Does the shoe fit? Choosing the right company

NCR is one of many companies with offices located in Atlanta. Besides considering location, think about what company culture and benefits you would like in a future job. // Photo by Alex Dubé Student Publications

How do you know if a company or workplace is the right one for you? Whether it is your first time dressing up and printing out resumes for the Career Fair, or if you are a seasoned veteran when it comes to making LinkedIn connections, the question of which employer to choose is one that vexes all, especially once those coveted offer letters roll in.


It is important to consider the pay of a position, of course. When considering an internship position, you will likely be paid by the hour, whereas the offer letter for a full time position will probably list your salary in terms of annual gross income (before taxes). 

Obviously, you want to maximize your paycheck, so consider the salary and make sure it is an amount you are comfortable with.

But the money flowing into your bank account every week, every two weeks or whenever your paycheck is disbursed, is not the only compensation you should be looking for in a company. 


You should ask your recruiter or your interviewer about their benefits package. The days of getting paid in cash and being supported by pension when you retire are long gone for the vast majority of industries. Companies now offer complex compensation packages that can offer benefits, perks and more.

These benefits can include those required by law, those that are not required but expected in a labor market like this one and those that are just nice to have. 

Benefits required by law are workers’ compensation insurance (which pays you in case you get sick or hurt from your job), social security and medicare contributions, pay above at least the federal minimum wage and unemployment insurance. 

In some states, employers may also be required to pay for disability insurance.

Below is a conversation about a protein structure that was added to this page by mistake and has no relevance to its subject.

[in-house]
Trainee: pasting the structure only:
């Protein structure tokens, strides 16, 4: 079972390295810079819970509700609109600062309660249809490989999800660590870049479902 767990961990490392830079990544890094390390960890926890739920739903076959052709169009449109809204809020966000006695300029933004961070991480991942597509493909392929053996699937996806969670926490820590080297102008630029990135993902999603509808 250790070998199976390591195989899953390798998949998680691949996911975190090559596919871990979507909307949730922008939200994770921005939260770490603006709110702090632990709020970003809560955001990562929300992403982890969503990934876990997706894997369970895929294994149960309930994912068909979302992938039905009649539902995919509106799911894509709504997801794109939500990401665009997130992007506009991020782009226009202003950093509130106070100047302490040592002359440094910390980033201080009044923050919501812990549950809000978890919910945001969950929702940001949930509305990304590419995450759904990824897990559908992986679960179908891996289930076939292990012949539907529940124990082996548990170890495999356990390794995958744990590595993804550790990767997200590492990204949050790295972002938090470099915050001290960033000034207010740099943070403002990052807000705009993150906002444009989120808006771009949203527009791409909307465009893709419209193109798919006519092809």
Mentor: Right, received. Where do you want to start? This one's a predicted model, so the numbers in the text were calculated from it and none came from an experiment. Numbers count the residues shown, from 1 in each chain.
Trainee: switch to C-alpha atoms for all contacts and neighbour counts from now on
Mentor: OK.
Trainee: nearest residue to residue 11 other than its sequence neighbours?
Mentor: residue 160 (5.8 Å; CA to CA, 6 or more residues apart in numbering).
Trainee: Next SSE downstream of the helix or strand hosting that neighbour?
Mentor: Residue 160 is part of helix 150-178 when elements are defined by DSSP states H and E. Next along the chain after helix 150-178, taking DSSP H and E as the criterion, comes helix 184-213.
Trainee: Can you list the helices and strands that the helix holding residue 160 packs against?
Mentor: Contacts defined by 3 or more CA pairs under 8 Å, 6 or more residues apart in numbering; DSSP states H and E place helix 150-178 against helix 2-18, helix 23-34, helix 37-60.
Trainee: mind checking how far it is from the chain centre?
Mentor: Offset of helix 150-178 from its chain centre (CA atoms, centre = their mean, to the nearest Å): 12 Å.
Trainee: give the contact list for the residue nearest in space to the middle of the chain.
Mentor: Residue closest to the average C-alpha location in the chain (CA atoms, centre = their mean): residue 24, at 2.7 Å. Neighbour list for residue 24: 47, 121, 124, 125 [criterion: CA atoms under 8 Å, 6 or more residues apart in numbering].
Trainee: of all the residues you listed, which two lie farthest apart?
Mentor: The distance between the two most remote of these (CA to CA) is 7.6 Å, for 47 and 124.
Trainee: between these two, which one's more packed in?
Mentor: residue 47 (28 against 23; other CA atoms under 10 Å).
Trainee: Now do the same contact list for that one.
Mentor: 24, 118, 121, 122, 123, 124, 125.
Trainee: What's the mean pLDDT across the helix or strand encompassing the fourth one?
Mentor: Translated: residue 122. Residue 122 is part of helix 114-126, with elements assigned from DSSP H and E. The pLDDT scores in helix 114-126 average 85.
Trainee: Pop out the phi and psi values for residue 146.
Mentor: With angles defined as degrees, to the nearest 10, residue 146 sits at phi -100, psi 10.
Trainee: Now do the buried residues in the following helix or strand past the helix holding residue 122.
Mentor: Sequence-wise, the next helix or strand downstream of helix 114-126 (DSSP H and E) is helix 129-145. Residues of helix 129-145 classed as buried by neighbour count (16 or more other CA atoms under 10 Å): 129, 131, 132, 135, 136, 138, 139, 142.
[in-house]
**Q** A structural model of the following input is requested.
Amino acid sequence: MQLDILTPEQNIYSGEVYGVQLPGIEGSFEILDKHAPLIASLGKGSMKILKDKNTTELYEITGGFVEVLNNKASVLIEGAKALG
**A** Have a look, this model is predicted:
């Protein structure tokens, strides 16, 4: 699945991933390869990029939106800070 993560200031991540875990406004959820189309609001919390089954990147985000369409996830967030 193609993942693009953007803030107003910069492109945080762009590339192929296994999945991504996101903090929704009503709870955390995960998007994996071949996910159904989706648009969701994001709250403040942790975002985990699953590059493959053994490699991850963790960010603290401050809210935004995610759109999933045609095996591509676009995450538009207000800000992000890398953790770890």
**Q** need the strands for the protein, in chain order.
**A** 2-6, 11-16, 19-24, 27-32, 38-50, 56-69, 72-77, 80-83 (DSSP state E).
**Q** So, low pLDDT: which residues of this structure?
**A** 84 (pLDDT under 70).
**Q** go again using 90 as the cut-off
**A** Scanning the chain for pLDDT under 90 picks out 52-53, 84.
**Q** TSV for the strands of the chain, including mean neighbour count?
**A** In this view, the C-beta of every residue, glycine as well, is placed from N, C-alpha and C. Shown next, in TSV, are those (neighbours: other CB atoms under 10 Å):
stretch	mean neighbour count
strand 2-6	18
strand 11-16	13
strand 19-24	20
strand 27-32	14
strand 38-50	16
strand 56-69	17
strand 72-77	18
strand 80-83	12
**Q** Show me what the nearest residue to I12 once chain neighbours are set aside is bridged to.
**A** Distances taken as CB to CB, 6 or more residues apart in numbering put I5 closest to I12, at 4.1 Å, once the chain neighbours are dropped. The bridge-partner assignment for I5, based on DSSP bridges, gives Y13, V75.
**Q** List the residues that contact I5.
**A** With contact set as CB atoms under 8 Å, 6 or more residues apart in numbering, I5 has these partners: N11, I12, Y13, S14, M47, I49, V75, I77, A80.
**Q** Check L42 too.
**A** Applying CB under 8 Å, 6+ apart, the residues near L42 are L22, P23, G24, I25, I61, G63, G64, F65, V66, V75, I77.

If your employer has more than 50 employees, you are also entitled to a health insurance plan from your employer (up to the standards set by the Affordable Care Act) as well as family and medical leave.

Many healthcare plans exclude vision and dental, which is why these are often considered separate policies. 

Dental and vision are usually considered optional premiums and are add-ons to standard plans. These will help pay for your eye exams, new glasses or contact lenses, dental exams, braces, extractions and more.

The world of benefits is vast, so do your research on plans and coverage before accepting your offer.


When considering your future, do you see yourself in a city or a suburb? Do you want a large office or a small one? Do you want flexible remote work options in your job?

These are all critical questions to ask yourself when deciding which companies to even apply to.

Even once you have an offer in hand, you may be able to negotiate to a different office location if your employer has more than one.

Despite the COVID-19 pandemic seemingly receding, workers nationwide are appreciative of their newfound freedom in working from home. Remote work policies are broadly popular across many fields, and corporations have been forced to hold on to them for the foreseeable future. 

According to McKinsey, a global marketing consultant firm currently hiring in Atlanta, “Thirty-five percent of respondents say they can work from home full-time. Another 23 percent can work from home from one to four days a week. A mere 13 percent of employed respondents say they could work remotely at least some of the time but opt not to.”

Company Culture & Perks

According to Great Place To Work, “At its core, company culture is how things get done around the workplace.”

Company culture is a combination of the serious and the un-serious parts of a company. 

That includes perks, work-life balance, dress code and values. 

When you get a chance to speak with a recruiter or an interviewer, do not shy away from questions about these important topics, especially if you are on the full-time job hunt. 

The last thing you want for your future with a company is an environment where you are not comfortable.

The right company for you is one that meshes with your values the best. 

A supportive atmosphere at work has been shown to make employees more productive. 

A culture where employees feel safe, comfortable, and valued is itself valuable since it creates workers who make social connections, show empathy, collaborate and encourage each other.

All of these lead to a better bottom line for the business, which is a win-win situation for both employer and employee.

A way to make sure a company you are considering is one that meshes with you is to search for the mission statement on the website. 

A mission statement contains the values that a company strives to embody — if this is one that you find yourself supporting, you are well on your way to finding a company that is the right fit for you.

The final and funnest part of working at a company is the perks. These are nonessential, usually company-specific benefits of working there. 

For example, you may receive an employee discount for your purchases at the company store, or you might get discounts on travel. 

To learn more about the perks, ask a current employee what kinds of perks they receive.